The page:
Against a backdrop of troubling news from the planet — including a scientific upgrade of expectations for sea level rise because of faster melting of Antarctica — the U.S. and China on Thursday pledged to jump-start their climate action plans.
The world’s two largest emitters issued a joint statement saying that they will sign the Paris climate agreement, negotiated late last year to put the world on a path to lowering greenhouse gas pollution, on April 22, the date of a long planned signing ceremony and the first day that countries can sign. April 22 is also Earth Day.
The U.S. and China further said they would “take their respective domestic steps in order to join the Agreement as early as possible this year” and called on other countries to do likewise, “with a view to bringing the Paris Agreement into force as early as possible.”
“Our two countries, with this joint statement, are making an important step forward in building on the success of Paris by urging and encouraging swift entry into force of that agreement,” said Brian Deese, senior adviser to the President, on a press call.
The Paris accord set a target of limiting the globe’s warming to “well below” 2 degrees Celsius above pre-industrial levels, and trying to hold warming to 1.5 degrees C if possible.
Meanwhile, the combination of climate warming and El Nino has triggered severe bleaching of parts of the iconic Great Barrier Reef, and the threat of rising seas — the major concern of the bloc of small island nations that drove urgency in the Paris agreement — looks a lot worse in a new computer modeling study. The research found that with unchecked emissions, Antarctica could double currently expected sea level rise by 2100, from around 1 meter at the high end to closer to 2 (over 6 feet).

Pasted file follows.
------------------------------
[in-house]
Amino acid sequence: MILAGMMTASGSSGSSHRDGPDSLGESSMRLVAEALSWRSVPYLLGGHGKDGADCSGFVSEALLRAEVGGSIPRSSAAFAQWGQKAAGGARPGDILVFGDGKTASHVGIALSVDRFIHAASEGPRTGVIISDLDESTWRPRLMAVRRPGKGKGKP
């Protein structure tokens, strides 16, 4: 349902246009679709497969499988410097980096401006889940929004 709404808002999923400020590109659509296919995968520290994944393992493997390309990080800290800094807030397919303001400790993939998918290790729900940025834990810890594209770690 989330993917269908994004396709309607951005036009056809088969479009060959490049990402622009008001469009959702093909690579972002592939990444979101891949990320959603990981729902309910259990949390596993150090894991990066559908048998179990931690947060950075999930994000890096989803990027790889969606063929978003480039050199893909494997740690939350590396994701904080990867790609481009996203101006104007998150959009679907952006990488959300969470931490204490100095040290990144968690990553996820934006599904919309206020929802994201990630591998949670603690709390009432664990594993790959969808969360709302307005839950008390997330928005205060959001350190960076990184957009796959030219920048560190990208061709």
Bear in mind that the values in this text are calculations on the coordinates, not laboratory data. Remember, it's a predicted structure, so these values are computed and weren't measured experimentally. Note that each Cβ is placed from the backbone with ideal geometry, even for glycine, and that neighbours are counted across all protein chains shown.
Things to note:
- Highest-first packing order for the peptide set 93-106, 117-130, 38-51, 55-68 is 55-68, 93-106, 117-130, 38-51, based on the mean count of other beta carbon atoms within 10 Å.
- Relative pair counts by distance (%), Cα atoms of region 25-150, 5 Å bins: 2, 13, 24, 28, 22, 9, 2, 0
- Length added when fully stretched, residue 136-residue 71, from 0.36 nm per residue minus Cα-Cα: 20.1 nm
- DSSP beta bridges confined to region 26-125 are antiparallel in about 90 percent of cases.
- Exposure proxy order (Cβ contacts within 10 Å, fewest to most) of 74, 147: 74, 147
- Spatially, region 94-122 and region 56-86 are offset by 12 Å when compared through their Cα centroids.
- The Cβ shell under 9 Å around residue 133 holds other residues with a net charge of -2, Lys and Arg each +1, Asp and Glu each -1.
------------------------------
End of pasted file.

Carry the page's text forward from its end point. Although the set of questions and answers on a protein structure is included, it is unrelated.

The new statement by the U.S. and China does not refer to any particular scientific or atmospheric developments. Asked on a press call about how the climate system is currently behaving, Todd Stern, the State Department’s special envoy for climate change and the top negotiator for the country in Paris, responded that “Paris gives us a chance. Paris puts us on the right path, with the right structures built into it, but there’s no time to lose. We know that. And the evidence from the natural world keeps telling us that louder and louder.”
The Paris agreement does not come into force until 2020, and there has long been concern about what happens in the period between now and then. It also requires 55 separate countries, which in turn represent 55 percent of global emissions, to sign and ratify the document for it to come into effect. “Joining the Paris Agreement follows a two-step process: countries must sign the Agreement, and then also indicate their consent to join and be bound by it as Parties,” explains the World Resources Institute.
Hence, the early signal from the U.S. and China is significant — if these huge emitters are taking swift implementation actions, then it will be easier to hit the required threshold. However, the U.S.’s actual ability to cut emissions also depends in part upon the administration’s Clean Power Plan, which was stayed by the U.S. Supreme Court and currently remains in legal limbo. On the press call, Deese stated that the administration feels “very confident [the plan] is on strong legal foundations. It was always expected to be challenged in the courts.”
The Paris agreement, in effect, brings together independent country-level commitments to reduce emissions, rather than imposing any type of global cap. But numerous assessments have suggested that those individual national goals don’t add up to enough to hold warming below 2 degrees C. So the agreement envisions a “global stock-take” in which the world assesses how it is doing in trying to meet its climate goals, after which nations may, presumably, have to further increase their ambitions.
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